LONDON (HedgeWorld.com)--Pension fund trustees wanting to invest in a fund of funds may want to consider the full effect of their asset allocation decision.
According to a paper published by Watson Wyatt LLP Investment Consulting on the topic of capacity, pension funds and other institutional investors may find themselves competing with funds of funds to place money with the best and brightest.
Calculating that roughly one-third of capacity available from highly talented hedge fund managers is taken up by funds of funds, the amount of capacity available to other investors annually dwindles by US$33 billion on an annual basis.
"The concern for pension funds is how to successfully access this pool of talent," wrote Watson Wyatt officials in the report.
An estimate of an additional US$50 billion in capacity available to all each year is based on the assumption that new fund launches will continue at the rate of 500 to 1,000 per year and that about 5% of the managers are highly skilled and could manage US$1 billion in assets.
Watson Wyatt warned investors about some potential problems inherent to growing fund of funds inflows. The concern is heightened by the preference institutional investors have for these managers.
In a poll of 18 funds of funds managers, the surveyors found that the funds' assets grew by 33% over the first six months of 2004. Researchers said that growth beyond US$2 billion per year for each of the best funds of funds would be difficult to sustain.
Specifically, the problem of continuous inflow momentum over the last year has pushed down the performance spread between the best and the worst managers, resulting in lower overall returns for absolute return managers. Even though the stock market may have been to blame, Watson Wyatt consultants still expressed worry over future return prospects
The firm estimates that pension funds need to achieve a 2.5% to 3% return above that of cash in order to improve the efficiency of a portfolio with a 5% allocation to hedge funds.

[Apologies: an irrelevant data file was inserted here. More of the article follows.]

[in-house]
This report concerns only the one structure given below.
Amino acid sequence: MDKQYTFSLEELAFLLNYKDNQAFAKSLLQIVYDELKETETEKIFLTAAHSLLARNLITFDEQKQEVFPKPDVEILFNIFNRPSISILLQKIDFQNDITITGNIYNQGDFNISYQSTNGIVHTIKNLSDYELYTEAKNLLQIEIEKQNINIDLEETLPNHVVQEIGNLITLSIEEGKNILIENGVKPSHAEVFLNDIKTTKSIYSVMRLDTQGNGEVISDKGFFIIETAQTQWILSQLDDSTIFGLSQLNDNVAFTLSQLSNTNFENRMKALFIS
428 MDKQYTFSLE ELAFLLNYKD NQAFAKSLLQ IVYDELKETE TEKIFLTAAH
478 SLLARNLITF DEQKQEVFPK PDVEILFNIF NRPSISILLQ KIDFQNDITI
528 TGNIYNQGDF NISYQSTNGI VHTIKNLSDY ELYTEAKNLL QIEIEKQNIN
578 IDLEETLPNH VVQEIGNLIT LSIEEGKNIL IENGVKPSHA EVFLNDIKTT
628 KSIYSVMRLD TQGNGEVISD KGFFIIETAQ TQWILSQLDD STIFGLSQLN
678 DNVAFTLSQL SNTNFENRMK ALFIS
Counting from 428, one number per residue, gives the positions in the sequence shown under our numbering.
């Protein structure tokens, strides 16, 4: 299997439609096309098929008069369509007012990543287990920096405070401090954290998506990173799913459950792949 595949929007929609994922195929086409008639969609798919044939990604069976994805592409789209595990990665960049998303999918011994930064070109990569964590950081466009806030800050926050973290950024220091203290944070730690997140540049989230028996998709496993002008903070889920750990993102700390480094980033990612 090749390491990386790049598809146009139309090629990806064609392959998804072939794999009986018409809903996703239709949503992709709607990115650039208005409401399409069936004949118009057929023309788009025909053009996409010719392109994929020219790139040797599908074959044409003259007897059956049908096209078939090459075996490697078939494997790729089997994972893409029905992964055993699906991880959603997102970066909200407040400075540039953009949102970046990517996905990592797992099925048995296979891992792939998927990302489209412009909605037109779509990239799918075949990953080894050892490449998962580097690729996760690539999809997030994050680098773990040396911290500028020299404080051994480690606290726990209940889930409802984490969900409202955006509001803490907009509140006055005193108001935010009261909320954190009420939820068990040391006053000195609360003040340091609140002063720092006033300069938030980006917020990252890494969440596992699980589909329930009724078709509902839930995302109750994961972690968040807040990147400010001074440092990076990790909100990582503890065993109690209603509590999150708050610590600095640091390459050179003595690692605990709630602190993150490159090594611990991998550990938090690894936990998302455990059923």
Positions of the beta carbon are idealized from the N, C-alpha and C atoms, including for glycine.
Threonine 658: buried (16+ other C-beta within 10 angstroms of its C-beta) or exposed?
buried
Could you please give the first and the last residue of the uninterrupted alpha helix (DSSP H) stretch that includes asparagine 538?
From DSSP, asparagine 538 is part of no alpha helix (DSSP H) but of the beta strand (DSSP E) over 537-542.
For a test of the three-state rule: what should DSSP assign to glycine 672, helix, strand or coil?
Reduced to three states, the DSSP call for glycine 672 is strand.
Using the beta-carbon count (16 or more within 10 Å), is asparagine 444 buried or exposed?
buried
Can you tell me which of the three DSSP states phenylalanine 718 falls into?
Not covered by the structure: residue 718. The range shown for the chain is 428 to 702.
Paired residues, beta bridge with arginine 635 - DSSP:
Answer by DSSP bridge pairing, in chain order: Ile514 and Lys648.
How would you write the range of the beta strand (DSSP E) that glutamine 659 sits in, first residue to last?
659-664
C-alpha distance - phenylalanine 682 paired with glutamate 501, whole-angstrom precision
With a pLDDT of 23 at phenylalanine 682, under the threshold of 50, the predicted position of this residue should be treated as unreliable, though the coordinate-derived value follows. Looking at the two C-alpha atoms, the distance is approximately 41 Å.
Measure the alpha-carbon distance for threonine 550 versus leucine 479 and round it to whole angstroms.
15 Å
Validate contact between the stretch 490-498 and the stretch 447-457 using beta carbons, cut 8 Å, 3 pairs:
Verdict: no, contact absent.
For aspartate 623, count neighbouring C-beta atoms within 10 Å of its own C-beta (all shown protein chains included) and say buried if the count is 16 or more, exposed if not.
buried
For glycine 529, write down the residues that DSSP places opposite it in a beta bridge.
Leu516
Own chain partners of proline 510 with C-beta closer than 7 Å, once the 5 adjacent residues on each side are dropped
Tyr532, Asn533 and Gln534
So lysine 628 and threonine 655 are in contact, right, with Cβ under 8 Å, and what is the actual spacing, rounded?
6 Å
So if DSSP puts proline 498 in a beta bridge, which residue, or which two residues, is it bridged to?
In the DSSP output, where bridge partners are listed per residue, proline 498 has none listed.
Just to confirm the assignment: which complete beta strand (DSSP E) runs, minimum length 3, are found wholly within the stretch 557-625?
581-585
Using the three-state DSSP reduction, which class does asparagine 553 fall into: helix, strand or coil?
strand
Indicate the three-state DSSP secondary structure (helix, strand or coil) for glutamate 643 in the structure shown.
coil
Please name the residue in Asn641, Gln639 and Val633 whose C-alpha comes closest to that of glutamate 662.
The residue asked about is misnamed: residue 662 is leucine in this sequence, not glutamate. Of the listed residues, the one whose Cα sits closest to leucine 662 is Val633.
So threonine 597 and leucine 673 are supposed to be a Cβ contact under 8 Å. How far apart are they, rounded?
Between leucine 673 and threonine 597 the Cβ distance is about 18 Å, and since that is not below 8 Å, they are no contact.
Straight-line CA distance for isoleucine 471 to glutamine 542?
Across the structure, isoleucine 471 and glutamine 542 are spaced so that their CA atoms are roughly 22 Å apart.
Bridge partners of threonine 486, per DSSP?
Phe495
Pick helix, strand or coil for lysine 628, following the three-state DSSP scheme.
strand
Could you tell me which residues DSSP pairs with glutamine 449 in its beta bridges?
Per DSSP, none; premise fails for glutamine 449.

In certain segments of trading, hedge funds now make up a far larger percentage, and depending on the timing the assets deployed in such strategies could become their undoing.
For example, within the equity market, hedge funds account for approximately 1.5% of the total stock market's capitalization. The higher turnover of hedge fund portolios means that they account for 10% to 30% of all equity trading, Watson Wyatt officials calculated. In some cases, they may dominate the trading of particular security, although it's unusual.
Convertibles and fixed-income markets tend to see higher participation levels by hedge funds, with arbitrageurs accounting for as much as 70% to 90% of the convertibles market. In the case of fixed-income, statistical, convertible and merger arbitrage, managers all have struggled with decreasing "spreads" due to more assets flowing into those strategies, researchers said.
Managers need to be skilled to operate in markets that may become dominated by their fellow hedge funds. Watson Wyatt only views 300 to 600 managers in the market today as being skilled enough to add significant value after fees. In that group, only about US$75 billion to US$150 billion in spare capacity may be left.
Those figures may sound impressive, but as the industry surpasses the US$1 trillion mark, such asset totals become diminished.
For pension funds, Watson Wyatt suggests core multi-strategy funds of funds as viable investments, but not with the ringing endorsement they once had. Less capacity-constrained strategies such as long/short equity may prove fruitful for pension funds wanting direct investments, although the pension trustees may be competing with fund of funds managers.
Future Watson Wyatt research will center on long/short equity funds and also will look into the growing number of niche/specialist funds of funds managers. The April issue of HedgeWorld's Accredited Investor will include Watson Wyatt's full report on hedge fund capacity.
Contact Bob Keane with questions or comments at: email@example.com.